FX's series Taboo is a fascinating watch in a lot of ways. It's a well-acted, well-written, well-directed affair of the gritty world of Britain in the wake of the War of 1812 with its former colonies in America. But as anyone who's watched it knows or will tell you, it's the protagonist, James Keziah Delaney, who … Continue reading Taboo and the Knowledge Gap
Change is integral to fiction, and the more powerful the change, the more powerful the reader experience. This is why redemption is such a gripping journey in fiction. Seeing a character transform before our eyes into a better person, atoning for their failures and mistakes, and overcoming the past to live for a better future fills us … Continue reading Redemption: Fiction’s Two-Edged Sword
My Inner Goddess is over in a corner protesting this post (and drooling slightly, for some reason). The trailers for the new Fifty Shades Darker movie have been popping up everywhere, and it felt like the right time to do this post. Fiction has had a problem in recent years with the portrayal of relationships. … Continue reading Fifty Shades of Toxic – The Framing of Unhealthy Relationships in Fiction
Over the holidays, I binged my way through the Netflix original series Stranger Things, an 80s style paranormal-mystery-horror-scifi-thriller-extravaganza, and was completely and utterly spellbound. It's cleverly written, well-acted, genuinely scary and heartbreaking, and one of the best shows I've watched period. That's probably not a big revelation to most of you who have seen it, … Continue reading Why I Hate Children (in Fiction)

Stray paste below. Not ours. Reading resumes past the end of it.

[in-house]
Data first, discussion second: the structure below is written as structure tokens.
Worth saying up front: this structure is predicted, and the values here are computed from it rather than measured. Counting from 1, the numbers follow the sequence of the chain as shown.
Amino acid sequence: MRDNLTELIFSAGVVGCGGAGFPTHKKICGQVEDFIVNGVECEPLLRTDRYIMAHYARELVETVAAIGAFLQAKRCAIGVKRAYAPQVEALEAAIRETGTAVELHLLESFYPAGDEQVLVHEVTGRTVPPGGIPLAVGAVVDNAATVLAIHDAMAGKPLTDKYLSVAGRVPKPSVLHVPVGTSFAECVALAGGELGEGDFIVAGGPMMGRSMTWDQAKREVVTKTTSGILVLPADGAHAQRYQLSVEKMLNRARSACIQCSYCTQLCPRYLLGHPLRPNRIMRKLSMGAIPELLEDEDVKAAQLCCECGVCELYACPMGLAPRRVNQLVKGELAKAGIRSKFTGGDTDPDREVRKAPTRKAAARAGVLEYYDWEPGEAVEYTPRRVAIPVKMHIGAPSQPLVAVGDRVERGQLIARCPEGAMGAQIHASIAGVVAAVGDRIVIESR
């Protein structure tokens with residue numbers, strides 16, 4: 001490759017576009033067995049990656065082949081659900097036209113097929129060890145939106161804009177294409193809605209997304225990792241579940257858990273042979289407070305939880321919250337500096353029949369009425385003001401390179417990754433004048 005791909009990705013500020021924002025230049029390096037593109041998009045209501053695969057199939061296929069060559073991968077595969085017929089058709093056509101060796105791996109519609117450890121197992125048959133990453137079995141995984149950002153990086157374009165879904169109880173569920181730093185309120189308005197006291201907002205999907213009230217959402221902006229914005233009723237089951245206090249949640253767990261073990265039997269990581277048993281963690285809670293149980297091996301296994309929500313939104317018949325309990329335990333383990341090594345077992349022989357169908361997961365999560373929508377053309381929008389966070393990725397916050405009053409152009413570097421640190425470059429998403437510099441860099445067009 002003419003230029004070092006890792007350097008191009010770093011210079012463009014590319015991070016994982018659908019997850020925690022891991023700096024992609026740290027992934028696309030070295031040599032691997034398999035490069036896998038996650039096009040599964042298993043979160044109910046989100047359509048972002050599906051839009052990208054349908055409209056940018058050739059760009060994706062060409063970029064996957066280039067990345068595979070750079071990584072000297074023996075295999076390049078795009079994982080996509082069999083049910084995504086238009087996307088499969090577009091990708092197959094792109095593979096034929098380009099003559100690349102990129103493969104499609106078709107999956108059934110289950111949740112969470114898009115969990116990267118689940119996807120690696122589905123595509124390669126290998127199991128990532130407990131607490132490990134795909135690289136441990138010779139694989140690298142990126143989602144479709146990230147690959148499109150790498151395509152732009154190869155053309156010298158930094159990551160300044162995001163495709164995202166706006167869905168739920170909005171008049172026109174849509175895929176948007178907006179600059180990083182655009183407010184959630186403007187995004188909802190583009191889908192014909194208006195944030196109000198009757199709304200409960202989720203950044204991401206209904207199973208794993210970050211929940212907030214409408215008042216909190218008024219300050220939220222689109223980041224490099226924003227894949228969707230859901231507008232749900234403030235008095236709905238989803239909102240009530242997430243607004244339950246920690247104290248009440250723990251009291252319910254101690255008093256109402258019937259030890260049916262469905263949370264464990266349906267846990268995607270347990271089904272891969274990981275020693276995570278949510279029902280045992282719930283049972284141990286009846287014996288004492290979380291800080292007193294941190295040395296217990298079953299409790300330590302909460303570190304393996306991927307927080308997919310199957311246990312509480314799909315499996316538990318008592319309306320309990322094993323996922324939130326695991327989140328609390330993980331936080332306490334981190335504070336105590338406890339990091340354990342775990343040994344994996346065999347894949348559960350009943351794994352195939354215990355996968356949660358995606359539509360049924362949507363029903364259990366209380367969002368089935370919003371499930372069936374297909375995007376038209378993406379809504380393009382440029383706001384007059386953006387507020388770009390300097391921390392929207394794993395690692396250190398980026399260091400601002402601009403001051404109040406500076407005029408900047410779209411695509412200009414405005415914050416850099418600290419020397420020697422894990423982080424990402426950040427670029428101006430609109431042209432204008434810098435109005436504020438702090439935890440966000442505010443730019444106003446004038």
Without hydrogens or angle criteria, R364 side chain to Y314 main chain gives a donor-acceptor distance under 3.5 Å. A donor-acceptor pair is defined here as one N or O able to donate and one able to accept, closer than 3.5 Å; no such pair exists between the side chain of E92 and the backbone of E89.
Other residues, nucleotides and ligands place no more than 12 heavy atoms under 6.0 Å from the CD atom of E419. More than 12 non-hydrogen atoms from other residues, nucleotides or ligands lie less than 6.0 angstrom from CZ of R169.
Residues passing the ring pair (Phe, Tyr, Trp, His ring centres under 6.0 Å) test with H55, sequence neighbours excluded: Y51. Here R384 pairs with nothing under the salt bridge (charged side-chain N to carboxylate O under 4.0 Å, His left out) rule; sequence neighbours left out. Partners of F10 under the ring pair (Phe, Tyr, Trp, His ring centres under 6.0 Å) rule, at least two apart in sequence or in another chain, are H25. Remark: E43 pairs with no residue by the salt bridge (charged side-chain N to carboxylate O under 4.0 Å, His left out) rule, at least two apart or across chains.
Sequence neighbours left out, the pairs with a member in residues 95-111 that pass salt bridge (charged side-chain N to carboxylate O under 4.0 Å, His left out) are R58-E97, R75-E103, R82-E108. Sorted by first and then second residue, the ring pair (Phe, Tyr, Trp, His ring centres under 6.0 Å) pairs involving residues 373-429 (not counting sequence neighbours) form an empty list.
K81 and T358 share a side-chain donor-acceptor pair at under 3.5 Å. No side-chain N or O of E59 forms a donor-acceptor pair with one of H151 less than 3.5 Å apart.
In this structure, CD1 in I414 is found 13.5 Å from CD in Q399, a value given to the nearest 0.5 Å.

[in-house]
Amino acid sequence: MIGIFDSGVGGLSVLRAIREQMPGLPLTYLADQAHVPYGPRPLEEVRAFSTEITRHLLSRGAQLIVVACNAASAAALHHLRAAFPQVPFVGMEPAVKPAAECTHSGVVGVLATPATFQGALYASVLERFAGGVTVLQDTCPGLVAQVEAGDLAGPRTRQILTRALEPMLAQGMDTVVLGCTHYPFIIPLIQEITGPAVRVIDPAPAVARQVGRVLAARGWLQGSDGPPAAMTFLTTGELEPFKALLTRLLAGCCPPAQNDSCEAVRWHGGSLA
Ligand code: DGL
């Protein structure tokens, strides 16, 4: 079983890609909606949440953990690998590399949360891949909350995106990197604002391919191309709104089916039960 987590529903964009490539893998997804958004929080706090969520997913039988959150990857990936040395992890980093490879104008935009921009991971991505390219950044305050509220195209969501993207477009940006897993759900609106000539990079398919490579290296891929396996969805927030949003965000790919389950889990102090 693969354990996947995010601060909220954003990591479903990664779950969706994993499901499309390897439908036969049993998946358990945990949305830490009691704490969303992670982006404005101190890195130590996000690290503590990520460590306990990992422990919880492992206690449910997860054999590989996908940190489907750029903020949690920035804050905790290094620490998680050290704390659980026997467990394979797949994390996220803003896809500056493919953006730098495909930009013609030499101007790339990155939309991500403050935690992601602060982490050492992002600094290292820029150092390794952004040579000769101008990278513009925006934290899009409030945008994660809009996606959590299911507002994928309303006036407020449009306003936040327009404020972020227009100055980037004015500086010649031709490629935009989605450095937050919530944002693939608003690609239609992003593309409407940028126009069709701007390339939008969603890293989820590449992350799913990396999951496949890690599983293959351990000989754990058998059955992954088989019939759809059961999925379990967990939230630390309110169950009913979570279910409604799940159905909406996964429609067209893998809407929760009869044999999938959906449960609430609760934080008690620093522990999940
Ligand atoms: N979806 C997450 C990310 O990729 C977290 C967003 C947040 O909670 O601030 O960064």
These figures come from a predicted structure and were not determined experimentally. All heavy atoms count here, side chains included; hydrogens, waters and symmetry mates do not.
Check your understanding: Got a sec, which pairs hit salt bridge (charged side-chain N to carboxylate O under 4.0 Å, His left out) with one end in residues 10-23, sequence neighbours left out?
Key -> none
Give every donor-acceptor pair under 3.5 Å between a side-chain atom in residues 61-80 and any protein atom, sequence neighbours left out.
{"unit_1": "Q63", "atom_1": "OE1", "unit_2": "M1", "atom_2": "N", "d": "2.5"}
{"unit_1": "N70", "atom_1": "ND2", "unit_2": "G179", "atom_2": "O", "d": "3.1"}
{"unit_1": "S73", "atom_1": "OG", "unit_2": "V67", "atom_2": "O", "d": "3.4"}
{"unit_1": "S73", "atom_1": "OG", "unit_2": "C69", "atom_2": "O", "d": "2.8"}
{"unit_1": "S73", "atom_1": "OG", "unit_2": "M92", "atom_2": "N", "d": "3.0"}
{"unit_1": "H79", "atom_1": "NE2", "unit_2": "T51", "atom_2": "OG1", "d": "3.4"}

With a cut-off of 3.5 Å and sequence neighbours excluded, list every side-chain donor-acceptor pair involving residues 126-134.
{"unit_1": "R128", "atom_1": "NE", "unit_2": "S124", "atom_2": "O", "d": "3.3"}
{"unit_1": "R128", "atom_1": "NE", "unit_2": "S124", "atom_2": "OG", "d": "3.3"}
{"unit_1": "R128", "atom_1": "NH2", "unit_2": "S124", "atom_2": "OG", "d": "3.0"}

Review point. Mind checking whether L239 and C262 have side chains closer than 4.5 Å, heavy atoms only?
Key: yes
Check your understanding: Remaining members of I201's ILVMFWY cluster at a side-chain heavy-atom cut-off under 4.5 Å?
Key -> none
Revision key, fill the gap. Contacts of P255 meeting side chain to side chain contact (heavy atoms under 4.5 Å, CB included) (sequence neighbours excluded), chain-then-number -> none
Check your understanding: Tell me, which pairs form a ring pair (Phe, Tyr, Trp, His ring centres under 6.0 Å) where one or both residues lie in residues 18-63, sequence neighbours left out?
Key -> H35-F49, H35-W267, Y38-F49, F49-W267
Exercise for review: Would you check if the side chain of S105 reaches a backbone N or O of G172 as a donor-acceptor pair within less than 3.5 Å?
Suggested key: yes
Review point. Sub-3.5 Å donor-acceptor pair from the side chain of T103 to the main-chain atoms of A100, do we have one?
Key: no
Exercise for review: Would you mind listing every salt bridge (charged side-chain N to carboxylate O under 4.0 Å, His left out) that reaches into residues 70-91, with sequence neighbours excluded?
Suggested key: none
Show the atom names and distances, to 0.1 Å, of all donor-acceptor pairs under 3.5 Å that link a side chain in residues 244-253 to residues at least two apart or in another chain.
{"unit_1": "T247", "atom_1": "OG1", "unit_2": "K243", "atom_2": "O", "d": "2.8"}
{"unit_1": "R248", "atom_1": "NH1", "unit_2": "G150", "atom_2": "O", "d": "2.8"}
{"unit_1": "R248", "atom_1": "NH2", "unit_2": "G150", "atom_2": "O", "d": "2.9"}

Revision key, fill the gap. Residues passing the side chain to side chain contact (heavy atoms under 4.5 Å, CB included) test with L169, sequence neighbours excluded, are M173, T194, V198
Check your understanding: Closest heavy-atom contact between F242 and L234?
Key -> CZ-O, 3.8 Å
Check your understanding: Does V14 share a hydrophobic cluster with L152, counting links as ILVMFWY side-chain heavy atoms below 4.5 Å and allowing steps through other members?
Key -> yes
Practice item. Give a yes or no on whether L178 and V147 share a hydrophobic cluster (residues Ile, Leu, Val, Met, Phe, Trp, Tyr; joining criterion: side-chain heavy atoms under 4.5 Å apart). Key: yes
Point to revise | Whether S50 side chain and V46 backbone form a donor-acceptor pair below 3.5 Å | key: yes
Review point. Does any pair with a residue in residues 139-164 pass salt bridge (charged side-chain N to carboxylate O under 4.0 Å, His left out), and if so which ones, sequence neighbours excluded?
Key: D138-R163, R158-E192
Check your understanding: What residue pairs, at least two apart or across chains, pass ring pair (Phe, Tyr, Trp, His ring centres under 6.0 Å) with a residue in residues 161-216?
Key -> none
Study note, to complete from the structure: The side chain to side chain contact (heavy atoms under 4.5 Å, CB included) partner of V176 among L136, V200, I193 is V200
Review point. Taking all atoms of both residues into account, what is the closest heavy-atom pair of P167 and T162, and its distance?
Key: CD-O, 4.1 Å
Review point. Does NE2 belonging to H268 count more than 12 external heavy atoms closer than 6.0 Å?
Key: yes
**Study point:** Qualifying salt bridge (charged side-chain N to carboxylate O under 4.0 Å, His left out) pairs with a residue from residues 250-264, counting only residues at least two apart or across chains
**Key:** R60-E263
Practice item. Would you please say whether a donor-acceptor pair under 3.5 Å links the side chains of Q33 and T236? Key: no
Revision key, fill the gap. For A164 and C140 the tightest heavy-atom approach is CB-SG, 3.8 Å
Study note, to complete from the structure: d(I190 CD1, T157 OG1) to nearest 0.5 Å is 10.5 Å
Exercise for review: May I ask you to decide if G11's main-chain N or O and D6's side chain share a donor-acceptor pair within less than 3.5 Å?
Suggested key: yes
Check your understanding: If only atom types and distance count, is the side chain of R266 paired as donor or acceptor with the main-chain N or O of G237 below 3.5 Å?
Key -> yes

After a slight drought of inspiration, I finally decided on a topic to blog about. I recently saw the movie Dr. Strange. While I enjoyed the film overall, it suffered from Marvel's usual "weak villain syndrome" (see previous posts here and here on that). Given little backstory or motivation for his goal, Kaecilius is just one of those villains … Continue reading What Measure is Forever? – Immortality in Fiction
Hello, and welcome to the second round of critical paddling thoughtful critiquing into The Magicians and why it failed to work for me. Last time, I talked about the concept of Set-Up and Pay-Off and the delicate balance it requires to get your audience invested and satisfied. This time, I'll be talking about a much … Continue reading Critiquing The Magicians: M for Mature?
Criticizing a book when you are as of yet unpublished seems to smack of tempting fate. But I wouldn't be the critical reader I like to think I am if I shied away from a controversial opinion. So for the next two posts, I am going to flagellate review Lev Grossman's book The Magicians and where … Continue reading Critiquing The Magicians: Set-Up and Pay-Off
Unless you've been taking shelter under a rock lately, you might have heard some unkind words circulating about DC's latest superhero movie, Suicide Squad. Having seen the movie and being the objectivist I am, I've decided to share my own thoughts. Spoilers, obviously. I'll start off by saying that I have no stakes in the … Continue reading Is Suicide Squad Suicide-Worthy?
There are times when the reactions of the fan community can be as interesting as the source material itself. In keeping with the theme of villainy and Game of Thrones from last post, it would be remiss of me not to touch on Cersei's competition in season 6, the High Sparrow, who made me ponder … Continue reading Sinners and Saints
Game of Thrones has always been a glorious example of grippingly realistic characters. Through its current six seasons on air, it has offered us a host of very flawed, but very engaging characters. Perhaps one of the show's most gripping characters has been Cersei Lannister. For a long time, she's walked the thin line between … Continue reading Villains are Made, not Born